Harris Teeter, Inc., a wholly-owned subsidiary of Ruddick Corporation and headquartered in Matthews, North Carolina, is a food market chain that operates in the eight-state area of North Carolina, South Carolina, Virginia, Georgia, Tennessee, Florida, Maryland and Delaware. The company also operates stores in the District of Columbia. Ruddick Corporation is traded on the NY Stock Exchange at RDK. Harris Teeter has approximately 21,000 employees.
“The factors that attracted us to this site were its location, workforce potential and proximity to major highways that supplement our logistics network,” said Larry Cooper, Vice President of Distribution for Harris Teeter. “We will be finalizing our overall evaluation process during a 90 day due diligence period as outlined in the contract. We look forward to and are excited about our partnership with King George County and are appreciative of the Governor’s Opportunity Fund’s assistance with our proposed new distribution center,” added Cooper.
The Virginia Economic Development Partnership worked with King George County and the Fredericksburg Regional Alliance to secure the project for Virginia. Governor Kaine approved $200,000 from the Governor’s Opportunity Fund to assist King George County with the project. The Virginia Department of Business Assistance will provide training assistance through the Virginia Jobs Investment Program.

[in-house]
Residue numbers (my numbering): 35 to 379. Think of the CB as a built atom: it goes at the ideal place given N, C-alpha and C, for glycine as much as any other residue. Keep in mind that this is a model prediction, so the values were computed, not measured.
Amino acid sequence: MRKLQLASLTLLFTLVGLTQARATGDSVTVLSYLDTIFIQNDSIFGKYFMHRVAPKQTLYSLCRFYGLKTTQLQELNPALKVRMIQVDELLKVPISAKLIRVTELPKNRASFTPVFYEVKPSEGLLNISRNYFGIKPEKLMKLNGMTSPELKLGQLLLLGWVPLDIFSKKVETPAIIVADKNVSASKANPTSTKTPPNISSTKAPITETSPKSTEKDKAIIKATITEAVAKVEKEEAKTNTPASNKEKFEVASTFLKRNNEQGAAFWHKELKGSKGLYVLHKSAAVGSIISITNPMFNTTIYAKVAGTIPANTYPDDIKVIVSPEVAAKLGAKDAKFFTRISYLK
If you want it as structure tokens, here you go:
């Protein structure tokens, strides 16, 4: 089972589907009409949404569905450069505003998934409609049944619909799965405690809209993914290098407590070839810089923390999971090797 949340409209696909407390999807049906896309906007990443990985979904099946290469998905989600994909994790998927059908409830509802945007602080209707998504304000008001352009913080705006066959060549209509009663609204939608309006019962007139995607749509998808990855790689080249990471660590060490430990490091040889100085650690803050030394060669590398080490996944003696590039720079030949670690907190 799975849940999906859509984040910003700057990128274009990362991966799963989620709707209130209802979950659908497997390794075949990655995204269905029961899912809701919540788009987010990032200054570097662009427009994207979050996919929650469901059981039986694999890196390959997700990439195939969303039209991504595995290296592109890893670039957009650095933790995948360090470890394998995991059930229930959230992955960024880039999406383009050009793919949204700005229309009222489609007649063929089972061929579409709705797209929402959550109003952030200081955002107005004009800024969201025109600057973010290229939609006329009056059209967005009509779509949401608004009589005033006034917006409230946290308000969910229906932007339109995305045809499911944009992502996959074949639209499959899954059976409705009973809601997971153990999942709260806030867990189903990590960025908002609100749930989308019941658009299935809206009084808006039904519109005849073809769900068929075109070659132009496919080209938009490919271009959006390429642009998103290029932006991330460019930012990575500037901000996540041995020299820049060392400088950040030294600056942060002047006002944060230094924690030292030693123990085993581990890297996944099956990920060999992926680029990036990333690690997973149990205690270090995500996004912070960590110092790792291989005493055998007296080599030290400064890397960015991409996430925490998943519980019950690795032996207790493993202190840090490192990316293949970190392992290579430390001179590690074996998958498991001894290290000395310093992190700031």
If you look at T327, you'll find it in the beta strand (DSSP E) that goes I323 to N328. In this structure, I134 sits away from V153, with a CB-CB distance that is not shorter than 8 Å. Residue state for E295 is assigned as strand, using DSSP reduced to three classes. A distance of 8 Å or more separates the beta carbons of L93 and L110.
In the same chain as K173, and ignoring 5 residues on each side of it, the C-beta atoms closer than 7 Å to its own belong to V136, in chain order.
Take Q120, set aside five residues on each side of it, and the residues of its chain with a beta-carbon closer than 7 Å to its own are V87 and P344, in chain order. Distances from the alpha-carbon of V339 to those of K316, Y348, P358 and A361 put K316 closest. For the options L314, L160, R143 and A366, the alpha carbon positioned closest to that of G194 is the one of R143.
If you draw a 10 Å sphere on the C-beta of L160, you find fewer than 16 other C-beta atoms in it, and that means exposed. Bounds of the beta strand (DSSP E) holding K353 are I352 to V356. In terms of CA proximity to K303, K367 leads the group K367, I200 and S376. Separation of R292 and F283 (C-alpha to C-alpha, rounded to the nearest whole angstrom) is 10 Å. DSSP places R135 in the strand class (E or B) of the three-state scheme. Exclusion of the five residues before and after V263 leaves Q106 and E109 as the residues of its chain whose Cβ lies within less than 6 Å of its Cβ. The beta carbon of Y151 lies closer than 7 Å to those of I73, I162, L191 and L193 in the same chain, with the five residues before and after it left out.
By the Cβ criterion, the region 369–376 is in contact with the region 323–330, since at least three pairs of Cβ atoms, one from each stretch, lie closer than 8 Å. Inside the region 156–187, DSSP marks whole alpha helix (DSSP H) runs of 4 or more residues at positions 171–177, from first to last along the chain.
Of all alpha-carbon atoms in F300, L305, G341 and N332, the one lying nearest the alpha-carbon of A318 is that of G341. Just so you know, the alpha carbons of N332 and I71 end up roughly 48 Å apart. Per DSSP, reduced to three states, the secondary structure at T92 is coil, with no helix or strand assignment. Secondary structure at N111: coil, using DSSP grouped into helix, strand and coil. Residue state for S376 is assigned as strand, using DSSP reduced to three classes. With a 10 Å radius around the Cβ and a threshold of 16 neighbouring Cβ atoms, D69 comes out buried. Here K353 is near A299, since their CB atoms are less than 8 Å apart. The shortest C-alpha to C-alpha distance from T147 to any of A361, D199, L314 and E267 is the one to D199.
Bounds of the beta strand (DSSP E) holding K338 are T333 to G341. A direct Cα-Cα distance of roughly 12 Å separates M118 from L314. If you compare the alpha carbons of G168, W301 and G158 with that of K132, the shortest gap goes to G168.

“We are extremely pleased that Harris Teeter has selected King George County as the site for their Virginia Distribution Center,” stated Joseph W. Grzeika, Chairman of the King George County Board of Supervisors. “This development has been a team effort and our Board views Harris Teeter as key to diversifying our business base in the County as well as further endorsement of industrial development potential along Virginia State Route 3. While providing a substantial capital investment, the Harris Teeter distribution facility will also provide good paying jobs with a great company. We welcome Harris Teeter to King George and look forward to building a strong and long lasting partnership and eagerly await the closing after the diligence period."
- Last Updated on Wednesday, 14 January 2009 17:31
- Published on Wednesday, 14 January 2009 17:31
- Hits: 533
Here’s candidate information for this fall’s election
By Phyllis Cook
If you are thinking of seeking a position in public service, it’s not too early to start gathering 125 signatures on the required petitions now.
Running for local office is not as difficult as many think.
- Last Updated on Wednesday, 31 December 2008 17:27
- Published on Wednesday, 31 December 2008 17:27
- Hits: 722
Downward trend in assessments reflect lower home sale prices
The National Association of Realtors last week reported a huge drop in prices on existing homes.
The trend of falling home values is beginning to be reflected in King George.
That trend could continue as the financial crisis grows and the recession deepens.
According to figures released on December 23, the national median existing-home price for all housing types was $181,300 in November.
That was down 13.2 percent from November 2007 when the median was $208,800.
Regionally, in the South, existing-home sales dropped 10.9 percent to an annual pace of 1.64 million in November, and are 17.6 percent below a year ago.
The median price in the South was $154,500, which is 10.6 percent lower than November 2007.
The Code of Virginia requires each locality to periodically perform a general reassessment to determine each property’s fair market value and its equalization in value to similar properties.
The effective date of the reassessment is January 1, 2010. The last general reassessment was effective January 1, 2006.